Snowden scandal to cost US cloud companies billions
The US cloud industry faces up to €25.8 billion in lost revenues following revelations about US-led snooping on EU citizens.
“The surveillance revelations will cost the US cloud computing industry USD 22 to 35 billion in lost revenues over the next three year,” said EU justice commissioner Viviane Reding on Sunday (19 January) at the Digital Life Design Conference in Munich.
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Reding drew her estimates from a report by the Information Technology and Innovation Foundation, a think tank based in Washington.
Global surveillance programmes and the bulk processing of data by the US and UK intelligence agencies means people are losing trust in US-based cloud businesses, says the report.
Cloud computing allows people to store, manage and process personal data via a network of servers hosted on the Internet
The National Security Agency (NSA) is said to have blanket access to personal data held by top US firms like Google and Microsoft through its Prism programme.
The wider snooping scandal prompted US President Barack Obama to launch reforms to increase oversight of the controversial spy programmes.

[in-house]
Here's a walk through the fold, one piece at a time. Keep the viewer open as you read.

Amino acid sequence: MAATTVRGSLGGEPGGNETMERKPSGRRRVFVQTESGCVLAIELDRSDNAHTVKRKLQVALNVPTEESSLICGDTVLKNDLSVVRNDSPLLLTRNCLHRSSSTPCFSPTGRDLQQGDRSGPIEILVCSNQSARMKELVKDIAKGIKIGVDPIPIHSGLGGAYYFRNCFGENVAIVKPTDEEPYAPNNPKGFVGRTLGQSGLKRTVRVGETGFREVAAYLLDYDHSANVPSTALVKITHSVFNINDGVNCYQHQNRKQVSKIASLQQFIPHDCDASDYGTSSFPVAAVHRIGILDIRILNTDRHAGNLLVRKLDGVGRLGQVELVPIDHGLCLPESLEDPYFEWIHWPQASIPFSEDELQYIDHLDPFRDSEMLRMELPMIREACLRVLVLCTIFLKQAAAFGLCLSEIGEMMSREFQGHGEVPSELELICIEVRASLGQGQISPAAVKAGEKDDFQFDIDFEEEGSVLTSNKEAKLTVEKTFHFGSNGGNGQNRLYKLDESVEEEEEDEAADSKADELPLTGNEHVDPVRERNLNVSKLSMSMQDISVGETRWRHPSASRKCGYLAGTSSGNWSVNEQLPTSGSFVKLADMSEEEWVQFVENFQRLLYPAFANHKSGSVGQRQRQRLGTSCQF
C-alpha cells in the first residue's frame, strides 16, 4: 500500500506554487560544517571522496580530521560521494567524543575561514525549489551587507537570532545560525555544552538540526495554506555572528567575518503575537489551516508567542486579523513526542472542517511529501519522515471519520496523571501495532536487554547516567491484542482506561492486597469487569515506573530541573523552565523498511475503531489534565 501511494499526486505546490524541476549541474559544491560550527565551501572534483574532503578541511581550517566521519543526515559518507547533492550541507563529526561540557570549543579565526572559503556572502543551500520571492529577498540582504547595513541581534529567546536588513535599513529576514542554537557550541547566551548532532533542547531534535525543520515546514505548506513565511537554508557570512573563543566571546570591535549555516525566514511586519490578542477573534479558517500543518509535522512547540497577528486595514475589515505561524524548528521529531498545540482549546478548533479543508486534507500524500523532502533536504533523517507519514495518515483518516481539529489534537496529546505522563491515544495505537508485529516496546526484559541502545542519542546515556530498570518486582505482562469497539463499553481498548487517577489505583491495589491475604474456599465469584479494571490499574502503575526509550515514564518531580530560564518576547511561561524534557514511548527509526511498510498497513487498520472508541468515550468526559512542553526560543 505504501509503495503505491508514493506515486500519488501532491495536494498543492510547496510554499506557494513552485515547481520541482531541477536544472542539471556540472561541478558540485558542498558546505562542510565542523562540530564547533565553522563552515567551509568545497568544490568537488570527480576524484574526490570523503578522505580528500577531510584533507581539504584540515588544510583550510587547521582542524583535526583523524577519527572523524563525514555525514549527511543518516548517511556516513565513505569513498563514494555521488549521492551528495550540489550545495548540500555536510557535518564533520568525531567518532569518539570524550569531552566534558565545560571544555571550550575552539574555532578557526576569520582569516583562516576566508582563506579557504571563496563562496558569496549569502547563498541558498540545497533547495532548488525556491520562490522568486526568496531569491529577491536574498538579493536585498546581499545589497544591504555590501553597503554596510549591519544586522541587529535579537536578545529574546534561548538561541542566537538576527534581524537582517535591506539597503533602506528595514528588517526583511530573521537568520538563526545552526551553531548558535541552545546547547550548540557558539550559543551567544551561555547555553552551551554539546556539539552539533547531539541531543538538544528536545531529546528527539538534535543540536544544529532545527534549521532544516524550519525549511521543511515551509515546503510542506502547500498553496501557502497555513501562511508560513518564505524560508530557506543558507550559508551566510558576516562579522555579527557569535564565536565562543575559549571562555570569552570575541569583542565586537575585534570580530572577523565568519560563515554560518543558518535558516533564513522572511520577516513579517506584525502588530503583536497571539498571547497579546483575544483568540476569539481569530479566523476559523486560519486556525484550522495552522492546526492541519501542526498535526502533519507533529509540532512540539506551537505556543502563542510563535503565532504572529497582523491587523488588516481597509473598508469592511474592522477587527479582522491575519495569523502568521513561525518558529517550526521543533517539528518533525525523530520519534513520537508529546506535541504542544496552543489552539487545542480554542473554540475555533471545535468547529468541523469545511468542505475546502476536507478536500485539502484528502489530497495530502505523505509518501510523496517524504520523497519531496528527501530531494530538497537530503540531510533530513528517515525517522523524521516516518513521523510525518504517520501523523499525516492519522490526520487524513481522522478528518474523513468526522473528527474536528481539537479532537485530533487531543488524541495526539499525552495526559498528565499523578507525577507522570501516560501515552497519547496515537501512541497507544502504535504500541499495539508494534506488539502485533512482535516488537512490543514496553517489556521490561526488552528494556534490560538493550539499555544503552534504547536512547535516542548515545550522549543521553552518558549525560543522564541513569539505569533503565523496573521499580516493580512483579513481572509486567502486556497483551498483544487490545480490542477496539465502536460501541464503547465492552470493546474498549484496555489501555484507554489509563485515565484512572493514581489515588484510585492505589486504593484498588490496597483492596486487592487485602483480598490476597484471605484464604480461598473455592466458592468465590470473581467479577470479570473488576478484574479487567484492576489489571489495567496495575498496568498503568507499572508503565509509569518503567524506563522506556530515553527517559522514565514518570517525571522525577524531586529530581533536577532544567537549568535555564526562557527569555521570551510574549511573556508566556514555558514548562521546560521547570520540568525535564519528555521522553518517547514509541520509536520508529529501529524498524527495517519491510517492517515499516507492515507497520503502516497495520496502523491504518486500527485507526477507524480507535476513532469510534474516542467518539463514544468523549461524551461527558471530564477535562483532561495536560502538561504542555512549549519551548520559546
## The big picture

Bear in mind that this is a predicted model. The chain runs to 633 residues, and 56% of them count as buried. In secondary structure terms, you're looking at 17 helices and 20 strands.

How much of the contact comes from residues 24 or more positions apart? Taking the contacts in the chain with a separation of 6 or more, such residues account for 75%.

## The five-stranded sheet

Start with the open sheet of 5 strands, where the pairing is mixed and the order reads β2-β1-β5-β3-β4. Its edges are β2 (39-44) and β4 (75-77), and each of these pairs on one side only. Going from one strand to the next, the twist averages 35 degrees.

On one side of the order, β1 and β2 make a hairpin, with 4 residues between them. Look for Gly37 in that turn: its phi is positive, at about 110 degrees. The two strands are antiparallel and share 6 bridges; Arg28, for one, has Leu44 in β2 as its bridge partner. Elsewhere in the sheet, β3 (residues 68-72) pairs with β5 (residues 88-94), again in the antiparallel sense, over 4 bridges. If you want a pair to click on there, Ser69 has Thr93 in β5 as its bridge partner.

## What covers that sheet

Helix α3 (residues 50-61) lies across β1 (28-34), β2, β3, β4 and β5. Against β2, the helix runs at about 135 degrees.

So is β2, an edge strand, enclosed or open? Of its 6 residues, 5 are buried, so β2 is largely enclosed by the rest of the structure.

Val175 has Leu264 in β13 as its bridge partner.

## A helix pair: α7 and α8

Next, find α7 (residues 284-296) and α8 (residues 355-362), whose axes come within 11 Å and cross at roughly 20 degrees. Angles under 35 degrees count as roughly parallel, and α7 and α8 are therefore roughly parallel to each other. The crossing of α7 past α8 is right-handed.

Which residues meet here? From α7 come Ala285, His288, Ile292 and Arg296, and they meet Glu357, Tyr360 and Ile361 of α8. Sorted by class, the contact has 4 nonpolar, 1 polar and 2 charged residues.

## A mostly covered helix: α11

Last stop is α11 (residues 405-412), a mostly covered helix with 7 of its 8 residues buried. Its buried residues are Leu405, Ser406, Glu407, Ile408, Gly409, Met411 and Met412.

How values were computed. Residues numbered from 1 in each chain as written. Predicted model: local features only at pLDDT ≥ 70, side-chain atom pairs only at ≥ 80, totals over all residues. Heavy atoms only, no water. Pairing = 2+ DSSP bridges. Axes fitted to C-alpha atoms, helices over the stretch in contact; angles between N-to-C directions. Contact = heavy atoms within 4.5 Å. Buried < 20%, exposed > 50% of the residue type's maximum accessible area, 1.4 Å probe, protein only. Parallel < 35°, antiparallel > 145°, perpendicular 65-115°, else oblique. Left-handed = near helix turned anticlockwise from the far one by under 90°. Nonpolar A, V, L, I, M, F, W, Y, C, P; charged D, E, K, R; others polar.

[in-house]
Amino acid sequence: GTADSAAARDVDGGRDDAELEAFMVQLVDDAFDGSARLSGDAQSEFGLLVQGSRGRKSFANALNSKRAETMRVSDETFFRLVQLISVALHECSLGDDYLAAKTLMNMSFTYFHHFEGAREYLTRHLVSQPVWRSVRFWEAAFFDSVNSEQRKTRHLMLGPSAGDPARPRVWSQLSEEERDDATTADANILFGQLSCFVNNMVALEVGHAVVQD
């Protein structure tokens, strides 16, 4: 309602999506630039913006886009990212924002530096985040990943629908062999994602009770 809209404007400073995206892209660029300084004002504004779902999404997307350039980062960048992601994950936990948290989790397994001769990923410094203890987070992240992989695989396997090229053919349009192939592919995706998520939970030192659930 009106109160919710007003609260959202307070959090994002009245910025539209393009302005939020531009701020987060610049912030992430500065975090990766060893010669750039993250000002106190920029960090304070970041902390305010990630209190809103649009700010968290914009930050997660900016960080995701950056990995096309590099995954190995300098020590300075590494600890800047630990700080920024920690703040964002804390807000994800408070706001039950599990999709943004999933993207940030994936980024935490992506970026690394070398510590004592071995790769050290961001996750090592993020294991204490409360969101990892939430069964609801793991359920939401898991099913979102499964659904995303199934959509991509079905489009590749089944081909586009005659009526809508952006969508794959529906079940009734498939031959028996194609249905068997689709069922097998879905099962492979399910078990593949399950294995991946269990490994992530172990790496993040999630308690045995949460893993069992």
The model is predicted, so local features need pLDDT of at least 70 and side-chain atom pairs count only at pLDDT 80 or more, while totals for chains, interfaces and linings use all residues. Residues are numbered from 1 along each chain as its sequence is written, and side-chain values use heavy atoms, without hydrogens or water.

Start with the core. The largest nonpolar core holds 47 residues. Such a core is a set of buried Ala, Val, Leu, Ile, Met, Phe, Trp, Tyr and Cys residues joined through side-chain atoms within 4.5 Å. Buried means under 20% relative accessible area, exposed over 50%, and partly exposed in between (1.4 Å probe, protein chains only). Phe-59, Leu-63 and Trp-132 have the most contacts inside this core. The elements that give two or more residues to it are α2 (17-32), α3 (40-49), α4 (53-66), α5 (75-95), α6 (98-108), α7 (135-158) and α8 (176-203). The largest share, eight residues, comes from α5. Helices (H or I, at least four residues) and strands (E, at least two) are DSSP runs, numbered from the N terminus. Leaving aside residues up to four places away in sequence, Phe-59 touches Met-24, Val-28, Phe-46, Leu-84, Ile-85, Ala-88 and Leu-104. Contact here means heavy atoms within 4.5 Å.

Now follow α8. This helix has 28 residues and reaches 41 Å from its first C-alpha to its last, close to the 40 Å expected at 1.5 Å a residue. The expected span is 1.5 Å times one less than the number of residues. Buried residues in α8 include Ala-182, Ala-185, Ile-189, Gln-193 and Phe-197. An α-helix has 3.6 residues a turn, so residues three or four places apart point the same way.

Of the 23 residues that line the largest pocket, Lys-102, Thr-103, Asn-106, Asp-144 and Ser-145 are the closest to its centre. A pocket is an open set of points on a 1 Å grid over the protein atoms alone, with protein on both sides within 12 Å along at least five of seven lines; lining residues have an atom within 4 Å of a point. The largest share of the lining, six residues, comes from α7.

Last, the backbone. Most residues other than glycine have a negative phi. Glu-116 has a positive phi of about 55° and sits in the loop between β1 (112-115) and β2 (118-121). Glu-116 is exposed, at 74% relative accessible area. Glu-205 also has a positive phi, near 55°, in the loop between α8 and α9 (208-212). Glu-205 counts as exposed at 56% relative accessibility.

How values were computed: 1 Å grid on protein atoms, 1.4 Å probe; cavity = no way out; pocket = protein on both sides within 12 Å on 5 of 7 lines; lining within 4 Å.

In a speech last week, Obama said there is no evidence the NSA sought to violate civil liberties.
But he also noted the legal safeguards that restrict surveillance against US citizens without a warrant “do not apply to foreign persons overseas.”
Meanwhile, the value of people’s data in Europe is on the rise.
Estimates by the commission suggest data on EU citizens was worth some €315 billion in 2011 and is likely to increase to €1 trillion by 2020.
“Only if people are willing to give out their personal data will companies reap the full rewards of our digital single market,” said Reding.
Reding said EU data protection reforms - currently under legislative review by member states - would help restore trust by minimising the amount of data stored by businesses and by imposing big fines for unlawful breaches.
EU insiders say the Snowden scandal helped secure a more data-rights friendly reform package in the European Parliament.
The euro-deputies have, for instance, re-inserted an article aiming to end the legal confusion of companies caught between competing US and EU jurisdictions.
But member states in December were reluctant to commit to a key provision in the package that would harmonise decision-making across the bloc and allow people to file data abuse complaints more easily.
“EU heads of state and government have committed to a ‘timely’ adoption of the new framework. But in real terms there has been little action,” said Reding.
Germany, along with the UK, Denmark, Hungary, and Slovenia are said to be delaying the package.